After William Carlos Williams, I tried another poem which I like a lot, and which is slightly more complex, Stopping by woods on a snowy evening by Robert Frost, which begins “Whose woods these are I think I know” and ends with the famous lines “But I have promises to keep / And miles to go before I sleep / And miles to go before I sleep”.

I shall give you two fragments to show what Google Translate can do to this poem. First –

Stop by the universe in the eyes evening

Whose woods these I think I know
His house is in the village though
He cannot see me stopping here
His eyes filled with a forest view.
My horse must think homosexuality
To stop without farmhouse near …

Apart from its beautiful title and the lovely image “his eyes filled with a forest view”, the words “my horse must think homosexuality / to stop without a farmhouse hear “ open up endless narrative possibilites.

Another version transformed the last four lines into something which I think is almost as striking as the original and which may chime with those of us who have a slightly more defeatist attitude to life and for whom going to sleep is the first response to most problems:

Deep in the forest in great darkness,
However, I have an appointment to keep,
And the long road ahead, I go to bed
And the long road ahead, I go to bed.

I now turn to a text which I always failed to understand when I was a child, “Waltzing Matilda”. I shall submit two new versions of this:

In the first one, the expression “Waltzing Matilda” or “Matilda – Waltz”, more specifically, seems to be an image of impending death. Other interpretations are, of course, possible.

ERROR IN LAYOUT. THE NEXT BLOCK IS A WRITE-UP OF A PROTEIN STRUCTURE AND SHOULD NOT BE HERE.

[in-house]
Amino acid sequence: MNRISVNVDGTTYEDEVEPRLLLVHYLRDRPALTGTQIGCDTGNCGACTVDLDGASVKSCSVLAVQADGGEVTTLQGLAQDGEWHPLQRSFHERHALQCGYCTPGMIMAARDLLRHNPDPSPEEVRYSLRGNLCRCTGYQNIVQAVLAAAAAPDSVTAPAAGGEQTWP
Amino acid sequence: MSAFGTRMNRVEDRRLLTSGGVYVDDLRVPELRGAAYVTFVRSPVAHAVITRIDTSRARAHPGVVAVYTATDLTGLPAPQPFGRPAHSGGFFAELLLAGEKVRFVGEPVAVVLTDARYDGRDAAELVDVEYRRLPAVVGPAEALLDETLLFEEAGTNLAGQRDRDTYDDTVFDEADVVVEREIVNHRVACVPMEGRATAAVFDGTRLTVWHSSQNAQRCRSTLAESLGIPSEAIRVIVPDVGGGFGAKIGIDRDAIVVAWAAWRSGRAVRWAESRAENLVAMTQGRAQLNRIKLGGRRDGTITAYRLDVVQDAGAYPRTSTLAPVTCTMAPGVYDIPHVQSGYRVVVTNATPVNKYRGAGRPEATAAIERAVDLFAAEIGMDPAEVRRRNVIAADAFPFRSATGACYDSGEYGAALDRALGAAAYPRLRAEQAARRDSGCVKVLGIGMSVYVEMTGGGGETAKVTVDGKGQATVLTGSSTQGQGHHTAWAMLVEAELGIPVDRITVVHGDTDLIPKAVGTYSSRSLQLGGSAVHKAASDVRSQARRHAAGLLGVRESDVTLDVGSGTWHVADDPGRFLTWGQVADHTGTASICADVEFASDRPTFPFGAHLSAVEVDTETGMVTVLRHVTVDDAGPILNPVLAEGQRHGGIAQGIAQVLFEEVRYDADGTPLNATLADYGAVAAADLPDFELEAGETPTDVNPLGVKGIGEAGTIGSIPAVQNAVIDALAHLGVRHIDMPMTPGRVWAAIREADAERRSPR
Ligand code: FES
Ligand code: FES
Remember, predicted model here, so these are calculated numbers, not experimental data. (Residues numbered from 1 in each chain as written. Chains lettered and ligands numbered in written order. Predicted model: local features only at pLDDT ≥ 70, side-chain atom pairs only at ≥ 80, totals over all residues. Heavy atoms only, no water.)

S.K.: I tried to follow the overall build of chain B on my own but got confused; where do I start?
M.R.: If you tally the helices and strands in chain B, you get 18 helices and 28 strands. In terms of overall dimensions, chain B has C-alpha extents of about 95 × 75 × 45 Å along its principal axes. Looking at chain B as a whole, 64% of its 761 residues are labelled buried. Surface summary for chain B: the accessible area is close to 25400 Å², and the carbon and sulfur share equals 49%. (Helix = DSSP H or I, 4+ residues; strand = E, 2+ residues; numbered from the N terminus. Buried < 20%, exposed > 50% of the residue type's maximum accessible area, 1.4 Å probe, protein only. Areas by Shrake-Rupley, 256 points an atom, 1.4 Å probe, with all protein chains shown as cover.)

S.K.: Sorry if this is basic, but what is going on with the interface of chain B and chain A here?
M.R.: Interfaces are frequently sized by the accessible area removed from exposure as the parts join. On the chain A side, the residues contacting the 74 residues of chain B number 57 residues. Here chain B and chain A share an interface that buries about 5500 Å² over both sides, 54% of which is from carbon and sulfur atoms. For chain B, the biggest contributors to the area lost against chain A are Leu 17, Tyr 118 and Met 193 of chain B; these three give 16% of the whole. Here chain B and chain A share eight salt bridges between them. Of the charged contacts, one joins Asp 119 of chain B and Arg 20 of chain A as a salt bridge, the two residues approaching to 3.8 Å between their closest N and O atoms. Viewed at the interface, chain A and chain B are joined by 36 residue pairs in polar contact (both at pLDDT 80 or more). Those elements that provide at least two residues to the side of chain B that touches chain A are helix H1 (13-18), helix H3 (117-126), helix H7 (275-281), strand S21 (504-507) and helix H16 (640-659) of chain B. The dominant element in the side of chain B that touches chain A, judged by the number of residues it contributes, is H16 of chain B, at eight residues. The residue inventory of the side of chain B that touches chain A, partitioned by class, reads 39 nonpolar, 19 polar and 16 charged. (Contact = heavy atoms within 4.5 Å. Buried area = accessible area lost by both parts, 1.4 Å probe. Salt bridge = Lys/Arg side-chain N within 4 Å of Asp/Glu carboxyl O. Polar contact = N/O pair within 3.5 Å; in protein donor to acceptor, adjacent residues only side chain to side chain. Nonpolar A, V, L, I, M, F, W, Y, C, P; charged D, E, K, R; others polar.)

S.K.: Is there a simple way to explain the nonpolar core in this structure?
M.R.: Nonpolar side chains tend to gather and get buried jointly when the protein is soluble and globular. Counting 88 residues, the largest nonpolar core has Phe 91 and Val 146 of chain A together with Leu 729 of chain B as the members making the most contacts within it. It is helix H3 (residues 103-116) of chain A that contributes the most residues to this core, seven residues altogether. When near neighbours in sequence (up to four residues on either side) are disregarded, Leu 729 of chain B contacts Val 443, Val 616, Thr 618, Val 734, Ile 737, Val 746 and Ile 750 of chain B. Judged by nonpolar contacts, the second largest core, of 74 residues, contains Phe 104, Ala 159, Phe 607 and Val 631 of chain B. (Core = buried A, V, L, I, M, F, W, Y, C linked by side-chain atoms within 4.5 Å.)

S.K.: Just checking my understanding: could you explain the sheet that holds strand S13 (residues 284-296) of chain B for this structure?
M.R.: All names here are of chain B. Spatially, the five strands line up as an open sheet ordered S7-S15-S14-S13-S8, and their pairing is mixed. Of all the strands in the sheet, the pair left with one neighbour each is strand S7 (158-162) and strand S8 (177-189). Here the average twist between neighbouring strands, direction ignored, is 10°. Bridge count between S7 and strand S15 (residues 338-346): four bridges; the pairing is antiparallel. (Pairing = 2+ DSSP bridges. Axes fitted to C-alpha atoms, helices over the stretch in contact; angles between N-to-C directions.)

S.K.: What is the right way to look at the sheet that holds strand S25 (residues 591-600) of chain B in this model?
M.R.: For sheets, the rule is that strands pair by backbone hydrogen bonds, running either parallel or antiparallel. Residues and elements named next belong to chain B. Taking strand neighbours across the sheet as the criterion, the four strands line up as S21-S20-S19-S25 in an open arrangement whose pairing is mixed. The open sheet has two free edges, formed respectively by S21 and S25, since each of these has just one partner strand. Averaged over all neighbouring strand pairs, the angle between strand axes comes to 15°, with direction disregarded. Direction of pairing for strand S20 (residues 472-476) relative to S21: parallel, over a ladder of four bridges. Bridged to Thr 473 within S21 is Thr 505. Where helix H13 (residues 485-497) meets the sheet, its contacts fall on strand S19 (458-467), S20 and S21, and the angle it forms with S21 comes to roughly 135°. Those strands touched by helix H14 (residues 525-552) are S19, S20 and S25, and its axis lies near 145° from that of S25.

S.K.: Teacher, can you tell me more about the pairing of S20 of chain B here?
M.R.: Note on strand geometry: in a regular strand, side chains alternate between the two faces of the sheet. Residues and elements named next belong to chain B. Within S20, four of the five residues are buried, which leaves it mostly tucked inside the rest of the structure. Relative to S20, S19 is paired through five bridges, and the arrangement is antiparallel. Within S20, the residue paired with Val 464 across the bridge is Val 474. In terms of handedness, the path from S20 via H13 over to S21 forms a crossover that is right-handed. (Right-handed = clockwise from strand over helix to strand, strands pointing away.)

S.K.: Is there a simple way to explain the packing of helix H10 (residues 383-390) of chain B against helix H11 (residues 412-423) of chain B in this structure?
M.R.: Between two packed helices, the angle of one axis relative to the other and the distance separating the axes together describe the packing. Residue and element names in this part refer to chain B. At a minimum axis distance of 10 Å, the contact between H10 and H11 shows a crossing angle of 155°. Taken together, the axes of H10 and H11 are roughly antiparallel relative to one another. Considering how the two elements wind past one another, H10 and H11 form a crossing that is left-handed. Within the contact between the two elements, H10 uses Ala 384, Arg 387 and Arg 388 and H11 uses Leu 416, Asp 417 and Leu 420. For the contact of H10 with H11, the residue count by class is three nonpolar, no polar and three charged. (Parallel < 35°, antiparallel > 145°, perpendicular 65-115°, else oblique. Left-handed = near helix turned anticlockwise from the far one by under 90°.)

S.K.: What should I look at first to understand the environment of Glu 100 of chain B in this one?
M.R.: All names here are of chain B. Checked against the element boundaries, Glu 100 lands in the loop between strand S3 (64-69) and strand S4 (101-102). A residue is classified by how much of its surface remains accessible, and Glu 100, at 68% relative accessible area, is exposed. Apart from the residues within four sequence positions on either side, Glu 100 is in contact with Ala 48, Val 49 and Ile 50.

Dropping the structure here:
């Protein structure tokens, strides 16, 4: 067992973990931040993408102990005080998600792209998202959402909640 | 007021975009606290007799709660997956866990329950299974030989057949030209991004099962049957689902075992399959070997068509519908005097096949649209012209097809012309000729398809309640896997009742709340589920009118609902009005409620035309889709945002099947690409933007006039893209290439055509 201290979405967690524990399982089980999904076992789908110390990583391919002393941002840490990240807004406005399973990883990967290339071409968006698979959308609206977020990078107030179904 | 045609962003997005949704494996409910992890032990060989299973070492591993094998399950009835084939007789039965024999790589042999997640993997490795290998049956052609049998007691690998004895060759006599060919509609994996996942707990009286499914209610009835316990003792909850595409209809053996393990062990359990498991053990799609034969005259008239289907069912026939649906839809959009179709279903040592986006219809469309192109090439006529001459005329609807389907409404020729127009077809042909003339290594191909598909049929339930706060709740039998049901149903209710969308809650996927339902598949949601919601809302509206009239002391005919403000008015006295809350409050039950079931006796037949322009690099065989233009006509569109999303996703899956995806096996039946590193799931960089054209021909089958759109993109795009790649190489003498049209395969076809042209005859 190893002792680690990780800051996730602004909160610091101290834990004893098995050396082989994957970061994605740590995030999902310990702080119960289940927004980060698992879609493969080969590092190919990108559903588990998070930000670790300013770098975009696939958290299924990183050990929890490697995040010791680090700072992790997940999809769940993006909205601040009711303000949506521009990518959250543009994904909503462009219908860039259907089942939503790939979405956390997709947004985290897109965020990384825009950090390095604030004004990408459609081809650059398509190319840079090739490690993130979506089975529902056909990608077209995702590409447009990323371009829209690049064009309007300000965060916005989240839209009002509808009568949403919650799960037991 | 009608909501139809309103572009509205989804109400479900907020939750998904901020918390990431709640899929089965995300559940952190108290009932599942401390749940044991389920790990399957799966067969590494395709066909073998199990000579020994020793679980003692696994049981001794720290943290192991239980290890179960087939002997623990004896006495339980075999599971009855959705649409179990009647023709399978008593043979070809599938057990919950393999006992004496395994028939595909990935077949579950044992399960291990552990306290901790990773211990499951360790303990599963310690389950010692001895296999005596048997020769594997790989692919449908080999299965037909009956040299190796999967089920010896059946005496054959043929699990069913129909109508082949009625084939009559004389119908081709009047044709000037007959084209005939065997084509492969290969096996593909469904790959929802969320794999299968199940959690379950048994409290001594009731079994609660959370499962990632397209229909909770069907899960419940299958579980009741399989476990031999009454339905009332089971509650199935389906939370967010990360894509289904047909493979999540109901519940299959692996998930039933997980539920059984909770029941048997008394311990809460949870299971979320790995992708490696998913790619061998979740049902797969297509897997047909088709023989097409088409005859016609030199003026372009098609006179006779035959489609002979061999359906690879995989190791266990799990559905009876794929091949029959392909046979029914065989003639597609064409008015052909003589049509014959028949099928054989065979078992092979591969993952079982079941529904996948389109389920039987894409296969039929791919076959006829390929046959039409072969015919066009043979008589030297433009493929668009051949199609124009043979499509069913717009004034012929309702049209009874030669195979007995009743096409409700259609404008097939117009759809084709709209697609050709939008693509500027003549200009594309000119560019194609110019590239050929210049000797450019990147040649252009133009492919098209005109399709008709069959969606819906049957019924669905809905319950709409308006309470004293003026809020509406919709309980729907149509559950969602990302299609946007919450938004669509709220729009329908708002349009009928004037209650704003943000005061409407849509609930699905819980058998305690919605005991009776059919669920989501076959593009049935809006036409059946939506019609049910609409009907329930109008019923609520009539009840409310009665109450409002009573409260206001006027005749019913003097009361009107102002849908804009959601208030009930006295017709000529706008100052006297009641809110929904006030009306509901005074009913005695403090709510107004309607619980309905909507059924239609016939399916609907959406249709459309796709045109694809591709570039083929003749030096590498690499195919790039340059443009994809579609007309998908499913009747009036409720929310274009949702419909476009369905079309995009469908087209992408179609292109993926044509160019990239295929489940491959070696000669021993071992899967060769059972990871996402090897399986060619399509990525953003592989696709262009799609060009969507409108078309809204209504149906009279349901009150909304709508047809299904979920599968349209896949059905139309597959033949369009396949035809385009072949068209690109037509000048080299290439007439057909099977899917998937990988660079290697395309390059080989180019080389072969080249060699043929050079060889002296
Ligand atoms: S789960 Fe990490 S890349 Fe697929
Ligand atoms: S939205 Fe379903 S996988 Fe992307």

Pleasant camping in the Billabong swagman times
coolibah under the shade of a tree
He saw his life, he waited until Billy to sing:
“Who is with me, to Matilda – Waltz coming?”


Waltz Matilda, the waltz Matilda
You are with me, the Matilda-Waltz will come
He saw his life, he waited until Billy to sing:
“You are with me, the Matilda-Waltz will come.”

And a second more cheerful version:

The joy and the game is in the camps,
By the river in the shade of trees,
We are talking about cooking, I saw Billy and sang:
“Who is with me, or do you want to go waltzing Matilda?”


Waltzing Matilda Matilda that Waltz
You go with me waltz Matilda
We are talking about cooking, I saw Billy and sang:
“He came with me waltz Matilda.”

Finally, I tried the Star-Spangled Banner, which, strangely enough, also became an Australian song. I think this is because the first word “O” became “Au” in one language and then in Chinese this was interpreted as 澳 (ào) – short-hand for Australia.

Australia can
The first light of dawn
How proudly accept
Dazzling seat and waves
Spacious and bright stars.
During the crisis,
We know that looking at wall.
Mashi is a river, a layer of chicken.
In addition, rockets red glare,
Small ball in the air.
I have to write at night.
Our flag was still.
However, stars and stripes travel
But it will come strong at home.

It is, of course, true that you can tell a crisis by looking at a wall (lines 6-7). This poem still seems to be about a battle, apparently at the Mashi river. The bombardment, I think, seems to have been carried out mostly with (frozen?) chicken. So many of the projectiles have missed their mark that, in a chilling image, the Mashi river is now a solid layer of chicken. One beautiful notion comes up towards the end – “Our flag was still. However, stars and stripes travel / free / “ – the flag is motionless but the stars and the stripes have detached themselves from it and floated up away into the air.

Till our next adventure will Google Translate.


  1. Danilo

    Me he desternillado de risa leyendo en voz alta las distintas versiones de Google.
    Gracias, Felipe!

  2. Linda Fitchett

    I just love Google Translate. It gives me a big smile at least once a week. I’m especially addicted to Finnish- English: more like a maths problem of uncertain result. May it never improve.